These are the simple ways of writing test cases for individual functions. Here in this function, we had a data binding for a Product but there are some network calls functions as well in the application. We also need to validate them. In such scenarios, we use the concept of Mock Classes.

When we want to write any test case for a completion block, we can use expectation & wait in the test cases. Let us see an example of it.


In the above example, we want to call deleteProduct API where we passed the id to delete the product from the list. As this is an API call, we must wait till the API responds and once the completion block will be called, we can get the result. In such types of test cases, we need to write the expectation & wait till the expectation is fulfilled.

Use of Mock Classes

Mocking of the classes means creating a “fake” version of it. Mocking plays an important role in Network Class, Protocols. When we want to validate API calls in the function rather than calling actual network methods, we need to create a mock class. So, when we write a test case for any API call, we divert these calls to a mock class instead of an actual network class. Even in cases, when we have a protocol method validation, we can create a mock class for that protocol as below.


Here in this example, we have created MockSearchInteractor for PresenterToInteractorProtocol

When any class which will call the fetchallProduct function of this protocol, the call will go to the mock class instead of the actual codebase where we can verify the protocol method too. In this way, we can easily verify the protocol as well as network calls.

Well, we have read the test case writing in Swift classes but when it comes to Objective-C there is a simple way available for us to verify our test cases and that is the OCMock library.

Effective library usage of OCMock

Unlike Swift, we don’t have to Mock classes. Because OCMock Library provides us the mocking of a class. There are different types of mocking available in this library.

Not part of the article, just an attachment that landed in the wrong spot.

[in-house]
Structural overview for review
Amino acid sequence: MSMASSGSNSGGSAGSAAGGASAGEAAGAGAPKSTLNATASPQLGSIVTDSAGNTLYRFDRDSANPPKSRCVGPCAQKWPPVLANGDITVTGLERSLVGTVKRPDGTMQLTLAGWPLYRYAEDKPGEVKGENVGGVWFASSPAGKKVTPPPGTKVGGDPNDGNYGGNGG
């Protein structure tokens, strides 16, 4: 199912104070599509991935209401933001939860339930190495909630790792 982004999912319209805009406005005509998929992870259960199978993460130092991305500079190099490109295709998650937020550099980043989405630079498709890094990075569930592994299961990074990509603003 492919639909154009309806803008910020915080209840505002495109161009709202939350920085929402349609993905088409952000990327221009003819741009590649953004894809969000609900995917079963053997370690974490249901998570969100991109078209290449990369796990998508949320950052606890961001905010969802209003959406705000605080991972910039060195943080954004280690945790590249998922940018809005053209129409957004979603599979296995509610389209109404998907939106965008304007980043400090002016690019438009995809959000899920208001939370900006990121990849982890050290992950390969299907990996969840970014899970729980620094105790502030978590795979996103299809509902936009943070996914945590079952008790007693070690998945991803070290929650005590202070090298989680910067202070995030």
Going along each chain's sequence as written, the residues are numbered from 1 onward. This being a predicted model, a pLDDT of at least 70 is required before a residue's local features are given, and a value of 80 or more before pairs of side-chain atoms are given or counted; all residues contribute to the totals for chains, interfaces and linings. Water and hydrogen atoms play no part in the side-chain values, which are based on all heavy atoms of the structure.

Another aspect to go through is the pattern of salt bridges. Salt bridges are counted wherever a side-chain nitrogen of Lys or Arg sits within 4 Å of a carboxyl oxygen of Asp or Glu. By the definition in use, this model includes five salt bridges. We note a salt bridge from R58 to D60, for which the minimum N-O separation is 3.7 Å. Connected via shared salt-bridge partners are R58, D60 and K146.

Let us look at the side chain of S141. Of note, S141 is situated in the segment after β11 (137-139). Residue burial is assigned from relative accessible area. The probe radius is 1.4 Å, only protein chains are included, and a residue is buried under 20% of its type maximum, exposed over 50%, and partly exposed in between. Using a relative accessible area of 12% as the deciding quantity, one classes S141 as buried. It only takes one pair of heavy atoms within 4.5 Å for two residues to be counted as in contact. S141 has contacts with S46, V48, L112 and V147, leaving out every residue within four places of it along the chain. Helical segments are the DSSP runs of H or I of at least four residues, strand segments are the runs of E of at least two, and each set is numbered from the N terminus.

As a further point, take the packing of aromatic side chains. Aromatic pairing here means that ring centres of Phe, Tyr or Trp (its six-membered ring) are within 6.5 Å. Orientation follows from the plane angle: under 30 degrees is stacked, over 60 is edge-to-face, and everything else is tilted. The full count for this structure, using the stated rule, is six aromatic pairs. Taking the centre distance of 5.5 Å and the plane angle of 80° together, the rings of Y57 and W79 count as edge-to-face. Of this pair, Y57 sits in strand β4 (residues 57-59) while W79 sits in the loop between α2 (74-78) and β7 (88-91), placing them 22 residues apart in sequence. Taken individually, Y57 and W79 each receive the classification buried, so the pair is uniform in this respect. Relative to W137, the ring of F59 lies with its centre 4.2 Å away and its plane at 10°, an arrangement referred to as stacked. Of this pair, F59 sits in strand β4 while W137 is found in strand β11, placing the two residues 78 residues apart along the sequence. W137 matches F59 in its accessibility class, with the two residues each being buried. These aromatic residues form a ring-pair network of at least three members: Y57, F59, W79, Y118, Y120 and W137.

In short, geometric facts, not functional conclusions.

• OCMClassMock: It mocks the instance and class methods defined in the class & its superclass.
  • OCMStrictClassMock: When a class receives this method call, strict mocks are raised with an exception which was not explicitly expected.
  • OCMPartialMock: It behaves the same as an object. The method which is not stubbed is passed to the object.

OCMock also provides a method stub. Method stubbing means specifying to the method about what to return when the method is invoked. Once we stub any method, we need to verify whether that method returns the same value that we stub.


Here in this example, we are verifying the company asset. So, for that, we mocked the ProductData class using the OCMock library. 

Here we stubbed the method of ProductData class as we required to invoke that method & also return the expected string. When the verifyCompanyAsset method gets called it is expected to call the method of ProductData which will call the stub method & return the expected string. Then by using OCMVerify we can validate whether the same string has been returned or not.

In Objective-C also, we can use the XCTest framework to validate the test cases. We can use a combination of the OCMock library & XCTest. Using the OCMock library saves our code for mocking the class. Also, we can stub only those methods which we want to invoke which saves time too.

Hope these small examples & explanations gave a little idea on how your engineering teams can write unit test cases in iOS.


Adding test cases in any application makes the application in a better state with fewer bugs. It takes more time for development with test cases but obviously what we get after this is of great quality.

If your engineering teams follow these practices of developing applications with unit tests, a robust product with faster go-to-market is not a farfetched dream. 

Today’s products require a modern approach to digital quality assurance. Beyond delivering flawless omnichannel experience, testing should encompass AI/ML, big data, security, multi-cloud, IoT, and BI, as well the various industry ecosystems in which your product participates. Xoriant has developed modern tools, processes, and frameworks to accelerate software release cycles using an integrated approach to testing and development. Our Continuous Quality Engineering platform coupled with a consultative approach ensures we fit within and augment your own quality engineering plans.

Looking to incorporate specialized quality engineering to your software delivery?